Hong kong

Hong Kong isn’t so much a city as it is an experience. One that has to be lived over and over again. What used to be a farming and fishing village in another lifetime is now a glittering expanse of buildings and is now considered to be one of the world’s most important financial centres. Hong Kong perpetually surprises and delights you with its many facets. A fashion-forward city with a strong sense of community and a pulsating heart at its centre, Hong Kong is the kind of city that many people want to make into their forever home. 

Since we can’t all live there, we can visit as often as we can. The dizzying array of buildings in Kowloon and Hong Kong and the fast-paced frenetic energy of Tsim Sha Tsui or the slower and richer lifestyle of nearby islands like Lantau and New Territories are all representative of Hong Kong in one way or the other. Hong Kong resides in the many hardworking residents who go about their work every day and those who have made it what it is today. With its bright skies, awe-inspiring skyscrapers, blue waters and the dark mountains that encircle it, Hong Kong continues to remain one of the most fascinating cities in the world.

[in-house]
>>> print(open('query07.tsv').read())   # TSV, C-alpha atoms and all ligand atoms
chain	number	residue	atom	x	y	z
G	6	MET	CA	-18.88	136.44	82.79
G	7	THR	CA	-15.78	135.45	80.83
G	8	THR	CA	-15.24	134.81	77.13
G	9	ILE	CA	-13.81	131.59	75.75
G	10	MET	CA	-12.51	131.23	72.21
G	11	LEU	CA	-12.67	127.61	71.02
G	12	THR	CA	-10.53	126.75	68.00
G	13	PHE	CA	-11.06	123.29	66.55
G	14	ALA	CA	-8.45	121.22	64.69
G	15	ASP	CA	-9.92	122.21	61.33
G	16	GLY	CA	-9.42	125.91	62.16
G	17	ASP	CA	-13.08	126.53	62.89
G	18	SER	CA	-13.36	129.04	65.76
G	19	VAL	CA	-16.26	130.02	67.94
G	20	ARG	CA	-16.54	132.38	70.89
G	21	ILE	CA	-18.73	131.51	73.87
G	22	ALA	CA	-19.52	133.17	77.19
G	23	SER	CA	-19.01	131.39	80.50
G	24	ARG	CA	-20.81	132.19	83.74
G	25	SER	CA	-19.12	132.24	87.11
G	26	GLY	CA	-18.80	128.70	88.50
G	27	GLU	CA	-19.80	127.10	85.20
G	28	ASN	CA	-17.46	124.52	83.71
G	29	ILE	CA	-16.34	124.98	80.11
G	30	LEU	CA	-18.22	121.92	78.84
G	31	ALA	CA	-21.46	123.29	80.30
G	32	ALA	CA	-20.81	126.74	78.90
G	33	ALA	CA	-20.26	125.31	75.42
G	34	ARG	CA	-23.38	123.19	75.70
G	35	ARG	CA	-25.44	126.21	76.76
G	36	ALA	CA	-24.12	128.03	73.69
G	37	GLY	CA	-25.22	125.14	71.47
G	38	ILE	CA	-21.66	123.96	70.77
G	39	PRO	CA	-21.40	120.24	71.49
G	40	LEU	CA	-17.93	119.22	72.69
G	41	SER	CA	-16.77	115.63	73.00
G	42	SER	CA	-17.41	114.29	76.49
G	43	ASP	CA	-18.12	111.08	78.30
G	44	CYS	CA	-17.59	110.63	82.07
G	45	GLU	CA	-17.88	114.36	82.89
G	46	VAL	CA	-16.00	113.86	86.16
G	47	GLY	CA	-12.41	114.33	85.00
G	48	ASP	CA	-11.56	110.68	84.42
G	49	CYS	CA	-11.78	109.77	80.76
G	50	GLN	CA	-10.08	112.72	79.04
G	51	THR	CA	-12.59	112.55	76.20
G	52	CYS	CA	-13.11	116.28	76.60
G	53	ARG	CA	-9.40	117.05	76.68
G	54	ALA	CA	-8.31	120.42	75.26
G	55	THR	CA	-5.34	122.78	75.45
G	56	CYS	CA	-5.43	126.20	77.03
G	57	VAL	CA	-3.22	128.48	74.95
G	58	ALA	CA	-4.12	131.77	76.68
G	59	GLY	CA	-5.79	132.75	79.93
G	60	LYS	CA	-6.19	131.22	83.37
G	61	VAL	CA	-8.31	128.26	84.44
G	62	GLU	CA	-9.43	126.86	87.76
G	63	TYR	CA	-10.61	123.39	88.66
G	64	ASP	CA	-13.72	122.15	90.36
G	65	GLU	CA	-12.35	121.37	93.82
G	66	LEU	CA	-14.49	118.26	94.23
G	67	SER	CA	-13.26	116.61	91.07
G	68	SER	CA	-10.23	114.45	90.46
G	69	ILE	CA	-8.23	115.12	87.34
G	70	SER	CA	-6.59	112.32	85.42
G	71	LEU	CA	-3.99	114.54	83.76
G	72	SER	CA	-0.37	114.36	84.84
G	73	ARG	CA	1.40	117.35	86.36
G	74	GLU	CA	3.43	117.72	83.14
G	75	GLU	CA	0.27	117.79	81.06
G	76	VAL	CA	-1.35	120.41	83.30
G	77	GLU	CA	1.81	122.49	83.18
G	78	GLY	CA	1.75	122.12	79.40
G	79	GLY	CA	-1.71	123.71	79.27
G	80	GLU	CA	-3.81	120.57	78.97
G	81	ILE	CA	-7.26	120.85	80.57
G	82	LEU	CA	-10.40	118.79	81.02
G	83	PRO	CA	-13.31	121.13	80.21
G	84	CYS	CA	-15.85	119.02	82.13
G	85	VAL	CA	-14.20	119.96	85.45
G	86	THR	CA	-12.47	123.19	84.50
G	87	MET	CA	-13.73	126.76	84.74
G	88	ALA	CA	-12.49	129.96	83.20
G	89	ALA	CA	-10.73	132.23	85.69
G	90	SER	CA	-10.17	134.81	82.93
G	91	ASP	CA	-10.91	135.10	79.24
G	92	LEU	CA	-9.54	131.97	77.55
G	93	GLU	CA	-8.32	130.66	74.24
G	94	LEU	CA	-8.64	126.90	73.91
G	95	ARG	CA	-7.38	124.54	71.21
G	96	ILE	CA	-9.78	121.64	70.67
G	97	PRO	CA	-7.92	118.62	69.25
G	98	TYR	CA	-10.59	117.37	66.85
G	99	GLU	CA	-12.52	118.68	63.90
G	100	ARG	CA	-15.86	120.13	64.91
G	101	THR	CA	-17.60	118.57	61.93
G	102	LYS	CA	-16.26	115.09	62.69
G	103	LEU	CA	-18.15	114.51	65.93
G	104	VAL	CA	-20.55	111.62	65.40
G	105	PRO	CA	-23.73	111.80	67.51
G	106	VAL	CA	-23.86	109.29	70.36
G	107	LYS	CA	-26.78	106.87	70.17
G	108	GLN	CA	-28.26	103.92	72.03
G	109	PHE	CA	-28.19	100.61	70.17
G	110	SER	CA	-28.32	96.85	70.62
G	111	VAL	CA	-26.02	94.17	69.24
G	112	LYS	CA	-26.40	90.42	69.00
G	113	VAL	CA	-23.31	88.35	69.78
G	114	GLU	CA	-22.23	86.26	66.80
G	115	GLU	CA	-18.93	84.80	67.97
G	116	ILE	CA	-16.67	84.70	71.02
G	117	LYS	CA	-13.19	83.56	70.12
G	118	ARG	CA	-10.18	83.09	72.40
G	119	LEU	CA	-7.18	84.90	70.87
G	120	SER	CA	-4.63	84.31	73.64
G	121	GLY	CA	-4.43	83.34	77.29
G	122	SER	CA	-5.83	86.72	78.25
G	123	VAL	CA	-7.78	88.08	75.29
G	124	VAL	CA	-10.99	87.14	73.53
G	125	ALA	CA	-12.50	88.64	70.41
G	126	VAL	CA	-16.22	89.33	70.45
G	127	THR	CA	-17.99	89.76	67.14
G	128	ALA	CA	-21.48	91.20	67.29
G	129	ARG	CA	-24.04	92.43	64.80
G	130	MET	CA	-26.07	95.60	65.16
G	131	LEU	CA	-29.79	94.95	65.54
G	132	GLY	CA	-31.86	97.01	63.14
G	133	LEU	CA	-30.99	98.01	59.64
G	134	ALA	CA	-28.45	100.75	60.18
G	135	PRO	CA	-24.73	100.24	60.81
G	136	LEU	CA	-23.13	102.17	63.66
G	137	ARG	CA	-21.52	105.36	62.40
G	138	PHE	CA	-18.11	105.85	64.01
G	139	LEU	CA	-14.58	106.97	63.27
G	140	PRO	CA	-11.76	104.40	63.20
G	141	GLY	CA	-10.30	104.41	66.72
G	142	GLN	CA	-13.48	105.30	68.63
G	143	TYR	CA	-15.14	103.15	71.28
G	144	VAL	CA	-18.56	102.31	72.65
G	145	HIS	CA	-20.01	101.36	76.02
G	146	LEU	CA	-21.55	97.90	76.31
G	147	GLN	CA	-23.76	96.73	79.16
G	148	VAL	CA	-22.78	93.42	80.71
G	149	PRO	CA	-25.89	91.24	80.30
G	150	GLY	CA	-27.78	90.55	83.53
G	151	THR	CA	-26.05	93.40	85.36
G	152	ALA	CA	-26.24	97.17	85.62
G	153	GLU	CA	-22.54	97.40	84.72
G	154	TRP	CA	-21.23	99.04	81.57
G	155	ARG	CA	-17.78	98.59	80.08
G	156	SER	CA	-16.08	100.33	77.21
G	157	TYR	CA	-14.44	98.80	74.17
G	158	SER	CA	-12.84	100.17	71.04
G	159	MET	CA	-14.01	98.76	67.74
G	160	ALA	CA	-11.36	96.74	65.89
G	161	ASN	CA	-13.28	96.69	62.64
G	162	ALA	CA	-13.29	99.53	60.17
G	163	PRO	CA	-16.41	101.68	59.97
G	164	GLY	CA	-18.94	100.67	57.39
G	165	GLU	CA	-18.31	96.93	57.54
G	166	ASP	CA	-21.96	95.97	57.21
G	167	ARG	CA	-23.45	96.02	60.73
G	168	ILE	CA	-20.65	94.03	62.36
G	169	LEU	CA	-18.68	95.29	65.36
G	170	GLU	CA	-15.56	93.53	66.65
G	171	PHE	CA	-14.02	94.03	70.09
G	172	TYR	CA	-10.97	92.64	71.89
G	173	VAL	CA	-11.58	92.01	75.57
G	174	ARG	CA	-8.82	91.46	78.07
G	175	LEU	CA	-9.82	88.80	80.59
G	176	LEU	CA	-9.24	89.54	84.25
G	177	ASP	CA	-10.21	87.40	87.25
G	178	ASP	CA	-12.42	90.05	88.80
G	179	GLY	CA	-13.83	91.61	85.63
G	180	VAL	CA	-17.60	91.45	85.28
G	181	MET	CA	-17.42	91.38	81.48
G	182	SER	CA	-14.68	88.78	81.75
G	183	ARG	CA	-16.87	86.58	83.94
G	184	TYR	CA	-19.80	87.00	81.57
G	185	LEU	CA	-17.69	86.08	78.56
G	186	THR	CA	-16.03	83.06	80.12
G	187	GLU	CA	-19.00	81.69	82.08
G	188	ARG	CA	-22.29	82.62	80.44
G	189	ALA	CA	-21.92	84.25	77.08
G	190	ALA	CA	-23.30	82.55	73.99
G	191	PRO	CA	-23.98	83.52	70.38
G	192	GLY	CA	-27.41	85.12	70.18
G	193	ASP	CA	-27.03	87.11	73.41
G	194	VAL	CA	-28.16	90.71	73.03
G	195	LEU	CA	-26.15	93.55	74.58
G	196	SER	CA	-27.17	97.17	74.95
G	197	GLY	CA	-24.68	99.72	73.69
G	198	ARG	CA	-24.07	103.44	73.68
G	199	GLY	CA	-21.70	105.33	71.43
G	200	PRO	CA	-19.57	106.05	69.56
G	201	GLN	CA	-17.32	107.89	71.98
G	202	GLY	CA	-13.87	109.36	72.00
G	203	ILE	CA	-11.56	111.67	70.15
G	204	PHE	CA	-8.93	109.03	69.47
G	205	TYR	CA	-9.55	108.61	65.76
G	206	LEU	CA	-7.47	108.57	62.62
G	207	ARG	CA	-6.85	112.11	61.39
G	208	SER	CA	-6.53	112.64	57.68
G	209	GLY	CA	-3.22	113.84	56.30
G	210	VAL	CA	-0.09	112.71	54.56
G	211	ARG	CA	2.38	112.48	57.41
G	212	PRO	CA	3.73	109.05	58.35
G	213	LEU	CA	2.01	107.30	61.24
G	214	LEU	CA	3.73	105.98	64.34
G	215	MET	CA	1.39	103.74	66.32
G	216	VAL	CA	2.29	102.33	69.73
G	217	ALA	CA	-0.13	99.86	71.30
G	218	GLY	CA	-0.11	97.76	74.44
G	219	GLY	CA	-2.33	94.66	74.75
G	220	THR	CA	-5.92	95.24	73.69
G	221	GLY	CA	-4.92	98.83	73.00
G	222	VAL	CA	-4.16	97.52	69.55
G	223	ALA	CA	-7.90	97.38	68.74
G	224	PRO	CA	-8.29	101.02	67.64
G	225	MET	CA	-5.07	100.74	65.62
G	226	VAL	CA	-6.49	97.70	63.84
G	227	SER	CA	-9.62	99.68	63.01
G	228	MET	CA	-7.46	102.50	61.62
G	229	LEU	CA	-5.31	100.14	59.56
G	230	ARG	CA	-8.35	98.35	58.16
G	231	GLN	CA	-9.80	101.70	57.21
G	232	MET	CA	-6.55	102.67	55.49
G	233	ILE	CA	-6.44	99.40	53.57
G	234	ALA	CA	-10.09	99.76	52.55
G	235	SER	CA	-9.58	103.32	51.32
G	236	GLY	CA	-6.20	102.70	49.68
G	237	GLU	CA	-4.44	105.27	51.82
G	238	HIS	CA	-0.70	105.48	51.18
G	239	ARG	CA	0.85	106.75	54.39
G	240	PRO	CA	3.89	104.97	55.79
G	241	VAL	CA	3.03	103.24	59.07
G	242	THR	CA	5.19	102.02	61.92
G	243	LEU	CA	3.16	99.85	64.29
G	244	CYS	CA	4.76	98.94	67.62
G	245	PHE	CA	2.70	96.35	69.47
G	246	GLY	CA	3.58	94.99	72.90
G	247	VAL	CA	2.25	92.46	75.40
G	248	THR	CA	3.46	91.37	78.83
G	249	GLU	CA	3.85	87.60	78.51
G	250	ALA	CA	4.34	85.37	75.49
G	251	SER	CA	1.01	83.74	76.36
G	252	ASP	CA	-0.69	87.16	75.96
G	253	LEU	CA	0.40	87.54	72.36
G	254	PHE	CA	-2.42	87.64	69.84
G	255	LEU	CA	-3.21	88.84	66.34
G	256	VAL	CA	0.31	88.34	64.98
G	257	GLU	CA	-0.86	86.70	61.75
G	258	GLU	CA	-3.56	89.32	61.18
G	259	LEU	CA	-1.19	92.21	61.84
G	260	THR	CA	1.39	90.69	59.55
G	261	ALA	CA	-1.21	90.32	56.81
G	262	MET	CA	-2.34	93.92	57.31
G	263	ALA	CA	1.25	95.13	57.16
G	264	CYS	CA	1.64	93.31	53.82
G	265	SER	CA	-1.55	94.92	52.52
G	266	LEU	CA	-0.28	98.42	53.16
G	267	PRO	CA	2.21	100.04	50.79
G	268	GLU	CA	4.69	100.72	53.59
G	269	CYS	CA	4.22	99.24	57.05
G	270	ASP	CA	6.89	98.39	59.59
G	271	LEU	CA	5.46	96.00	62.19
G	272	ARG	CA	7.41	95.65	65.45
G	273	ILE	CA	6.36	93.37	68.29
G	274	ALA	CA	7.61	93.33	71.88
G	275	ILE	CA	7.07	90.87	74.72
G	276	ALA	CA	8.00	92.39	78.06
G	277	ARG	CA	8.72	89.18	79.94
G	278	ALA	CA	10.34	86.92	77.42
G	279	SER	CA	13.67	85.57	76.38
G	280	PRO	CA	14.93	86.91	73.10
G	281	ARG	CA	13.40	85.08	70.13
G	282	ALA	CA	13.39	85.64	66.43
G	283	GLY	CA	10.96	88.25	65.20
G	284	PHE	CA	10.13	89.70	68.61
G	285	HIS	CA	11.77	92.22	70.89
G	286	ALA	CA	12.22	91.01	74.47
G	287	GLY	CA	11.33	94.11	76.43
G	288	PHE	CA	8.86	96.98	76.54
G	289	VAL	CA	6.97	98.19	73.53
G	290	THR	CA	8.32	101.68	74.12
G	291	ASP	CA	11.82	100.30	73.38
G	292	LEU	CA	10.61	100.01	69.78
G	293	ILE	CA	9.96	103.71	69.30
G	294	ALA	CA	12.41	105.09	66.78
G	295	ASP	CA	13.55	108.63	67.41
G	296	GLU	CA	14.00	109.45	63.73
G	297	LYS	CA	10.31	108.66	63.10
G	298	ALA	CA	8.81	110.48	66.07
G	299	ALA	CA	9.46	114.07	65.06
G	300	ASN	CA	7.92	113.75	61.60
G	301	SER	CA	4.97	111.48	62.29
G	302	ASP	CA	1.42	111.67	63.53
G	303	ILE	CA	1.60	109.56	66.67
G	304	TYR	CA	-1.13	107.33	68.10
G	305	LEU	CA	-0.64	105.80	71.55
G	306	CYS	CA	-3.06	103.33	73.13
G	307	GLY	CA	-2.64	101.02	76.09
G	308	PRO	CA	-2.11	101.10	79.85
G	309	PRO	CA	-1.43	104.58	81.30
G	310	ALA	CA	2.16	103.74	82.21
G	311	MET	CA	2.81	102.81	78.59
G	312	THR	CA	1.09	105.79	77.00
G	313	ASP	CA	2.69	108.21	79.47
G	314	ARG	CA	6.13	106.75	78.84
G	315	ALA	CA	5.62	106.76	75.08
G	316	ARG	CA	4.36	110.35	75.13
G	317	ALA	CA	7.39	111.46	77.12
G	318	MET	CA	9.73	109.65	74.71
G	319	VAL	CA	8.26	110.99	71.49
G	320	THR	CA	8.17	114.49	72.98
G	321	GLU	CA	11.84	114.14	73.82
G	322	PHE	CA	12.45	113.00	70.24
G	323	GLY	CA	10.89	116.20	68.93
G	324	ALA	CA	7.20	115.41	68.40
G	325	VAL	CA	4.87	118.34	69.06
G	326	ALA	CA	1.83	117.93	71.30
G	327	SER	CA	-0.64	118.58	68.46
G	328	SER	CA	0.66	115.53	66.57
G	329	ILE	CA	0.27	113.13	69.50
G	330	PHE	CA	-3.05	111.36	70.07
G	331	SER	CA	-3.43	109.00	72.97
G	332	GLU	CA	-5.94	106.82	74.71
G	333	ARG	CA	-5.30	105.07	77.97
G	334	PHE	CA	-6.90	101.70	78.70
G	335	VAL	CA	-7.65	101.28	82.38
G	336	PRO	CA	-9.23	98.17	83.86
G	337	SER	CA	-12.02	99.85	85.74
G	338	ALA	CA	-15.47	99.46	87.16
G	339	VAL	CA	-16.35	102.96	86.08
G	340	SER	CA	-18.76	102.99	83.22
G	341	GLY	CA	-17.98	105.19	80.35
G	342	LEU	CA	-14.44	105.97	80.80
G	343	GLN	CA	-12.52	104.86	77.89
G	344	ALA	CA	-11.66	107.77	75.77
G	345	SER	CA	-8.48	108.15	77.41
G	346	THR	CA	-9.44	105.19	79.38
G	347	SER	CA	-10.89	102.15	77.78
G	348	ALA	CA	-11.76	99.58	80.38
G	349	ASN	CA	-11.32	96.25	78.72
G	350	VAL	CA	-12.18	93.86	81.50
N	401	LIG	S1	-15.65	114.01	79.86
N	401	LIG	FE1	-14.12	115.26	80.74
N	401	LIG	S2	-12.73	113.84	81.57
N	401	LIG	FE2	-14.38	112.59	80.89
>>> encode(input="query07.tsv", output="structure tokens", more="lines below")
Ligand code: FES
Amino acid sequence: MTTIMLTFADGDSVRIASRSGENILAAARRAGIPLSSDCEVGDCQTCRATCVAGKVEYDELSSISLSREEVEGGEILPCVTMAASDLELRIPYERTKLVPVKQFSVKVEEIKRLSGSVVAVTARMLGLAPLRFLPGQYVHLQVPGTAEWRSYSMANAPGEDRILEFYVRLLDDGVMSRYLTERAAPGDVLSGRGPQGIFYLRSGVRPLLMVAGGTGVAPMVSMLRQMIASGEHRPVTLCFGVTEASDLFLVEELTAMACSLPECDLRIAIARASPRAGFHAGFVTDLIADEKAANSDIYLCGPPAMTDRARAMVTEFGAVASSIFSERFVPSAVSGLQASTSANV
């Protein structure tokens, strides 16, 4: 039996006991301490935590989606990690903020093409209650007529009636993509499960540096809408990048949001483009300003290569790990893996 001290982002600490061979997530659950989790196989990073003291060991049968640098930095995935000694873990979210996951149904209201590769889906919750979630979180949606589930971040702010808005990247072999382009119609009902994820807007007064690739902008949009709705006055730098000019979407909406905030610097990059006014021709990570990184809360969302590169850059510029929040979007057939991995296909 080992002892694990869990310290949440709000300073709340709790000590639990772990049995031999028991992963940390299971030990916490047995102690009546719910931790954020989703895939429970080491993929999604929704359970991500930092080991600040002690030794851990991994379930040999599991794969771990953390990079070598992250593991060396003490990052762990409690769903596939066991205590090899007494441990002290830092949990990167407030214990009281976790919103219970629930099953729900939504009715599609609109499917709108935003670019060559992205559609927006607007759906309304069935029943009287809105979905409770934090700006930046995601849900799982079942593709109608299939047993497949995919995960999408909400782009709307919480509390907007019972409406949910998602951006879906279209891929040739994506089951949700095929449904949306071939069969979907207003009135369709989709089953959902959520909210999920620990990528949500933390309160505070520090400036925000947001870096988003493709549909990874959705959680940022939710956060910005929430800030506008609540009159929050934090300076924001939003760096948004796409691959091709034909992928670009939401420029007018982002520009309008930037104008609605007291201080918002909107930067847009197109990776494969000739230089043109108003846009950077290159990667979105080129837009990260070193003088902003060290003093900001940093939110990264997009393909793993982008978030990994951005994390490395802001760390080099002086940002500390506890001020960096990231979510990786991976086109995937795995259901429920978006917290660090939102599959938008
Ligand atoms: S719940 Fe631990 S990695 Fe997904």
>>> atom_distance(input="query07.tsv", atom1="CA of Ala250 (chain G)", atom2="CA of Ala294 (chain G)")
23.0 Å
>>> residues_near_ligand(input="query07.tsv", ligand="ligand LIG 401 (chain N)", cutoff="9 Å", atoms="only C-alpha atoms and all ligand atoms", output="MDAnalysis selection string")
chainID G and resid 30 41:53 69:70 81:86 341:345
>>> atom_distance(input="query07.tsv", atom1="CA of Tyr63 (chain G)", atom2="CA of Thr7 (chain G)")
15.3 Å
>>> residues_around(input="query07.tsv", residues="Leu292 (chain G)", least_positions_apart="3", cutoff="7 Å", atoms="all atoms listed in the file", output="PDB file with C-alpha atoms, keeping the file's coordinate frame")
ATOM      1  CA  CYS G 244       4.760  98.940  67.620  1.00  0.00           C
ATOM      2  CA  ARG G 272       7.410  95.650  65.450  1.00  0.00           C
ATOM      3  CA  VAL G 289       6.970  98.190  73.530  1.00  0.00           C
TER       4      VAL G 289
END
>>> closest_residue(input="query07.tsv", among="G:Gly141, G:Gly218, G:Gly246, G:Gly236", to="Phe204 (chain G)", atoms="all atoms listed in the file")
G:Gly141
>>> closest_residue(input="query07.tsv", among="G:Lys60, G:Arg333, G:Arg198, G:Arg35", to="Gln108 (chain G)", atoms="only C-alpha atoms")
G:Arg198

Hong Kong tourism is extensive and brilliant. From amusement parks to natural wonders, let’s take a look at this multihued Asian miracle.

Hong Kong Tourism: A Quick Overview
Continent Asia
Capital Hong Kong
Official Language Chinese, English
Dial Code +852
Population  7,482,500
Currency Hong Kong Dollar (HKD)
Time Zone UTC+8
Area 1,108 sq. km.

Highlights Of Hong Kong